All are so complex that you eye them sceptically. A sip though and your eyes widen. If you worship at the altar of mixology, these are musts, on another continuum altogether from the typical, overpriced Hawaiian Punch cocktails (with the provenance of every ingredient listed) dispensed commonly. They are sprung from the mixological genius of Daniel Whitely. If the Queen of England ever happens in and tilts back a few, knighthood is his.
Your favourite is Gems and Spices, like a long note on a cardamom cello. It’s amongst the greatest (if not THE greatest) cocktails you’ve ever had. Close runner-up is Bollywood Afterparty. Deep as an old leather chair, it’s capped with aquafaba, frothed chickpea cooking liquid that is, unlikely as it seems, luscious. Pink Diamond, luminous with berry and peach, is its equal. And Divine Intervention (which is finished with a spray of smoky Islay single-malt whisky) is a contemplative sipper with a retro quality that will incline you to speak with a transatlantic accent.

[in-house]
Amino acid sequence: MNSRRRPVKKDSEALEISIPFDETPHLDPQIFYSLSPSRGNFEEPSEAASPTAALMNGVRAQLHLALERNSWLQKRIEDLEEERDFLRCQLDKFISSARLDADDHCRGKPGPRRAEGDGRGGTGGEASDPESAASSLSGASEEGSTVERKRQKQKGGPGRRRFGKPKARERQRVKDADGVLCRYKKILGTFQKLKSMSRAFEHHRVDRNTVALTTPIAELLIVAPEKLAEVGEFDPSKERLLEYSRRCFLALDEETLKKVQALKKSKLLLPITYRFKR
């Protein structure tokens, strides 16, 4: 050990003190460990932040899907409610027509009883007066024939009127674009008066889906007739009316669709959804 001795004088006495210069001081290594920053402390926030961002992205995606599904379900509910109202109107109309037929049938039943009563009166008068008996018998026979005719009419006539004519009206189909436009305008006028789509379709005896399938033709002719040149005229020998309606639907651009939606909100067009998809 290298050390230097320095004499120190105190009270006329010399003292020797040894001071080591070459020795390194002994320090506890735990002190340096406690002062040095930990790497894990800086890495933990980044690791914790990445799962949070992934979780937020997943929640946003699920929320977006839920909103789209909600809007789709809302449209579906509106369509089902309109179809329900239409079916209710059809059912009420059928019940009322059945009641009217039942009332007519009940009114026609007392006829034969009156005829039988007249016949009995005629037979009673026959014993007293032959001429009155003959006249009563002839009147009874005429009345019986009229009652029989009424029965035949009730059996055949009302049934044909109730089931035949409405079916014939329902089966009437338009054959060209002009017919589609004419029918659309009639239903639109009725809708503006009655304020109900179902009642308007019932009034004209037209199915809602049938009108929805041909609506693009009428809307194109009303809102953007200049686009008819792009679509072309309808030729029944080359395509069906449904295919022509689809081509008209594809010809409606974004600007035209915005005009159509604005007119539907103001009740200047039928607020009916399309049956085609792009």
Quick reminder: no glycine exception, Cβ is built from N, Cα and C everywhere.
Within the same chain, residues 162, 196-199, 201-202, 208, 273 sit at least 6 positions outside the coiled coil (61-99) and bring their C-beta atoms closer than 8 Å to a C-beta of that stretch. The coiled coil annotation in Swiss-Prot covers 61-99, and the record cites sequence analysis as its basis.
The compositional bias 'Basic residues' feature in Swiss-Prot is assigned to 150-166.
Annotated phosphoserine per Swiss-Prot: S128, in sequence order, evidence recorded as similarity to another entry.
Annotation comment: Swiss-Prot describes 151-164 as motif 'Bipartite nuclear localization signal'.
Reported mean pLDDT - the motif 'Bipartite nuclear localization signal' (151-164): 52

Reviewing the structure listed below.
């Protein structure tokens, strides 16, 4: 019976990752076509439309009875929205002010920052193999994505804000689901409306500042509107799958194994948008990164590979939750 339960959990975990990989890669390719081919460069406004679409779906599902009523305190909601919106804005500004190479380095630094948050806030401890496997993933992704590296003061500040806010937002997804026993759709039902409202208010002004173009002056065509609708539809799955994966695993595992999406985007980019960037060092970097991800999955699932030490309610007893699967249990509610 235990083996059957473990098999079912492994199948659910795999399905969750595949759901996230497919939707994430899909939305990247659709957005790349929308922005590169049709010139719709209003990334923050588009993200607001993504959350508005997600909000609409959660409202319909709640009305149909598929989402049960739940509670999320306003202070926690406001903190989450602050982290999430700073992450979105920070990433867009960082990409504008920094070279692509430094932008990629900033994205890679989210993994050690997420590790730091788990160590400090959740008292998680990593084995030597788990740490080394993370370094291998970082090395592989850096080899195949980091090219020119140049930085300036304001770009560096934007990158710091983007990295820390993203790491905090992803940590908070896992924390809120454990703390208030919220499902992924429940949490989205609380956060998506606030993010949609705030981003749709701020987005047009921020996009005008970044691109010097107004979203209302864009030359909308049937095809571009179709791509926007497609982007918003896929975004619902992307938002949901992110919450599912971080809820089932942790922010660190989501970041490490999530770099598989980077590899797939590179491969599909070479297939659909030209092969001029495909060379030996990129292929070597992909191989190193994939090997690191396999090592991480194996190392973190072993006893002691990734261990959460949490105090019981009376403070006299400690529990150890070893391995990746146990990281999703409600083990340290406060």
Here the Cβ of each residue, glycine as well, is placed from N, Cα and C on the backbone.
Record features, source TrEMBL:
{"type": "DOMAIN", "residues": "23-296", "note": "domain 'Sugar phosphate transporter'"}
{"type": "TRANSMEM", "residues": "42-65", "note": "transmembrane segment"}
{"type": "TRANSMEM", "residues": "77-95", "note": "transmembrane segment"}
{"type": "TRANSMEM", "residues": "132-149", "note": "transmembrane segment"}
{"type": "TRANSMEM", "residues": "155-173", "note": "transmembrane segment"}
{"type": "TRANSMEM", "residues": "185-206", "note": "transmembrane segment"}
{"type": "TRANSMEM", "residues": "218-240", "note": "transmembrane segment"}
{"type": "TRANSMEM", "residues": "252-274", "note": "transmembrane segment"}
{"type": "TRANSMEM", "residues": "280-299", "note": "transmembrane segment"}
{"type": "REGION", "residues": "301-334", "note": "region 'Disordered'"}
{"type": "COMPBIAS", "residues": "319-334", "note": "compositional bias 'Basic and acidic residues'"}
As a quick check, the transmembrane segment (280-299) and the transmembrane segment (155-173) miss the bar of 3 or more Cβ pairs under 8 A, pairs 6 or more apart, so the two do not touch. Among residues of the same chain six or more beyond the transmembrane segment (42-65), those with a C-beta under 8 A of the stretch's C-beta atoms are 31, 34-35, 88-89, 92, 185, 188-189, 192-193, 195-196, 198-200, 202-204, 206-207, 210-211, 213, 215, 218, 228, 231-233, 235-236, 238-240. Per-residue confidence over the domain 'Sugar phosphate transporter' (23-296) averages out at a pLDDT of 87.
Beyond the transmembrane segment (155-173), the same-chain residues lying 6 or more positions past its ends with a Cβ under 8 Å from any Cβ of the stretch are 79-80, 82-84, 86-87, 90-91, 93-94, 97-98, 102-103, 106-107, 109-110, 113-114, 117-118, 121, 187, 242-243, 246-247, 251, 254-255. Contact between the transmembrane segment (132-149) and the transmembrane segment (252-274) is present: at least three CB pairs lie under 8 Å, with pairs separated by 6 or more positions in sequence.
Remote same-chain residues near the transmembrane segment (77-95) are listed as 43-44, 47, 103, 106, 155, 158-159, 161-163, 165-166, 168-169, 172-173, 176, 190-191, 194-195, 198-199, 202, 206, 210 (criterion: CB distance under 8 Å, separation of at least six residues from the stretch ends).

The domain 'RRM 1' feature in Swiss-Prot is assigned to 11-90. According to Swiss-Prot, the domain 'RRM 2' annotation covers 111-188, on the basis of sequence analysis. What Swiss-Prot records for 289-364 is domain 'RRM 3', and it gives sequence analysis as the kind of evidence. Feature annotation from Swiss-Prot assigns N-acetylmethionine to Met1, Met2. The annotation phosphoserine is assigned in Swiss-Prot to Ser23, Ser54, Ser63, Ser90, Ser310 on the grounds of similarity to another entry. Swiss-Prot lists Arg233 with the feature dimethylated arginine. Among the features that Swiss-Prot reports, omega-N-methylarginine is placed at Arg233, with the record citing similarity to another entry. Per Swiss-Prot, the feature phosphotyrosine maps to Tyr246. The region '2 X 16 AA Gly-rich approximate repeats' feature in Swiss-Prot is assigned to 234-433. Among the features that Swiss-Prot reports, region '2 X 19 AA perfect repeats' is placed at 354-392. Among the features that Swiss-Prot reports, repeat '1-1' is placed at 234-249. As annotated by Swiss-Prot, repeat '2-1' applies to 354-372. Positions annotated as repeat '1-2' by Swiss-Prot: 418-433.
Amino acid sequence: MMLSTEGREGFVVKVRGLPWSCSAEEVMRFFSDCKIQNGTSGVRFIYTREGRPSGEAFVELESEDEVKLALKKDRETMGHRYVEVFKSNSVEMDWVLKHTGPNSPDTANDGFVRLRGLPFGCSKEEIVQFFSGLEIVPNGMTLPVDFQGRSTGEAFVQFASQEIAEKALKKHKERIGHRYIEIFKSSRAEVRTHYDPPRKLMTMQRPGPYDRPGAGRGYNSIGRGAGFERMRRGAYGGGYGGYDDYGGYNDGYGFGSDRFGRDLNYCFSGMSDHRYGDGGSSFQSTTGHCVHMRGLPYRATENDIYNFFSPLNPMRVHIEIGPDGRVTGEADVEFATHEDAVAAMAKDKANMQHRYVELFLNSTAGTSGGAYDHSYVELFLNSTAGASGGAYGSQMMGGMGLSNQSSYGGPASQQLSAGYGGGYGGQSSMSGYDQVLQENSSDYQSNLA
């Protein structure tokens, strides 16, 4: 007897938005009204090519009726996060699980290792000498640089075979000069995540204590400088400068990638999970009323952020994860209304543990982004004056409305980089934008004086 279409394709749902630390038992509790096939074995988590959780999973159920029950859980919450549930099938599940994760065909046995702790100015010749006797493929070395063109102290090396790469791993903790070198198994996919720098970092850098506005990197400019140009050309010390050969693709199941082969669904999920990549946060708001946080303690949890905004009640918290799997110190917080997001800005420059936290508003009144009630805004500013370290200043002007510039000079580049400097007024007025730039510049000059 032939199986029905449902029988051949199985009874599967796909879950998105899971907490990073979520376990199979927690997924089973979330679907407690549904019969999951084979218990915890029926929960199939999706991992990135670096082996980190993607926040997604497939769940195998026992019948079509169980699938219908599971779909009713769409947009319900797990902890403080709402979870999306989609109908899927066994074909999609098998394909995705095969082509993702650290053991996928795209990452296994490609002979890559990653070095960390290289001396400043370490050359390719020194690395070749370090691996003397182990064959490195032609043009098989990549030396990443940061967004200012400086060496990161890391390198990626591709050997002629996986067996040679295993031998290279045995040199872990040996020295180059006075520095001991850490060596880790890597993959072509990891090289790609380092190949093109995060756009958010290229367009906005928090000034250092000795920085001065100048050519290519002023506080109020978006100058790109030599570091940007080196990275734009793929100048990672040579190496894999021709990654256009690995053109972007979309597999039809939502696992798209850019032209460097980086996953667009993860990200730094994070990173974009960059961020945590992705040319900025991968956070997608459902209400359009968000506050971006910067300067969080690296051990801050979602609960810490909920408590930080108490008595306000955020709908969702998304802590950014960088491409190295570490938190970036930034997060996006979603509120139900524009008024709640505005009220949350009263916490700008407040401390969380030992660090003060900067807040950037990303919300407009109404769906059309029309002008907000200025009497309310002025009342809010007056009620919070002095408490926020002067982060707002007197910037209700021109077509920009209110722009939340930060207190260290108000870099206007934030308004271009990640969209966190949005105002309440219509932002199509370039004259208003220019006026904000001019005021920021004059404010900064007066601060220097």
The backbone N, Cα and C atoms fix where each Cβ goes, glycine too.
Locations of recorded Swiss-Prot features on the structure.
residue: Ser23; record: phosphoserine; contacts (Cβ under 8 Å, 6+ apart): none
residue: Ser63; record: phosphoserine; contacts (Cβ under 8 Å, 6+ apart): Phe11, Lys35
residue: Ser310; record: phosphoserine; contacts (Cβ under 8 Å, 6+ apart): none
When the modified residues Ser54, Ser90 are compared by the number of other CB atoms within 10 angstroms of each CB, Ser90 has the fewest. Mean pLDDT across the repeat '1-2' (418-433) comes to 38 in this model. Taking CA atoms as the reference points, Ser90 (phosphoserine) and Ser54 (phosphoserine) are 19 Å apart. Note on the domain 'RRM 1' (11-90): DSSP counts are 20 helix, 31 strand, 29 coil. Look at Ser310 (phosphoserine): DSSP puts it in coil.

Mango lassi is served as a digestif. It’s made with their fresh, homemade yoghurt and puréed Alphonso mango, imported from India, plus a little mango syrup. It gladdens your gizzard.
All the cocktails are priced at $108. Very fair.
The owner of Carat, Atul, is also a gem dealer, hence the restaurant’s name. Gems are precious stones forged by time, heat and pressure. The food and drink created by this restaurant are gems produced in just the same way, forged by the time, heat and pressure of extraordinary intelligence, talent and experience. And as if this were not enough, the prices are reasonable.
Carat is great for families, for friends, for dates. It has an outside deck that looks ideal for parties. It is well worth a trip across town. Boy, do you recommend it.
Rating (on a scale of 0 to 5)
Overall greatness: 5
Restaurants are intuitively rated within their particular realms. So Michelin restaurants, pizza places and stand-up sandwich joints are judged against like restaurants, not each other. A 5 for a high-end restaurant is not meant to be the same as a 5 for street food.
From my website, here’s how I rate food: “I believe the quality of a restaurant’s food is vastly more important than any other factor. Even if I love a restaurant’s food, I’m very conservative about giving out 4s or 5s. I reserve 4s for food that is uniformly excellent. Preponderantly excellent tends to get a lower score. 5s are for food that is uniformly stunning.”
This meal was comped.
4/F, Winfield Commercial Building, 6–8 Prat Avenue, TST, 2391 3929 (there’s another branch in Lan Kwai Fong, Central)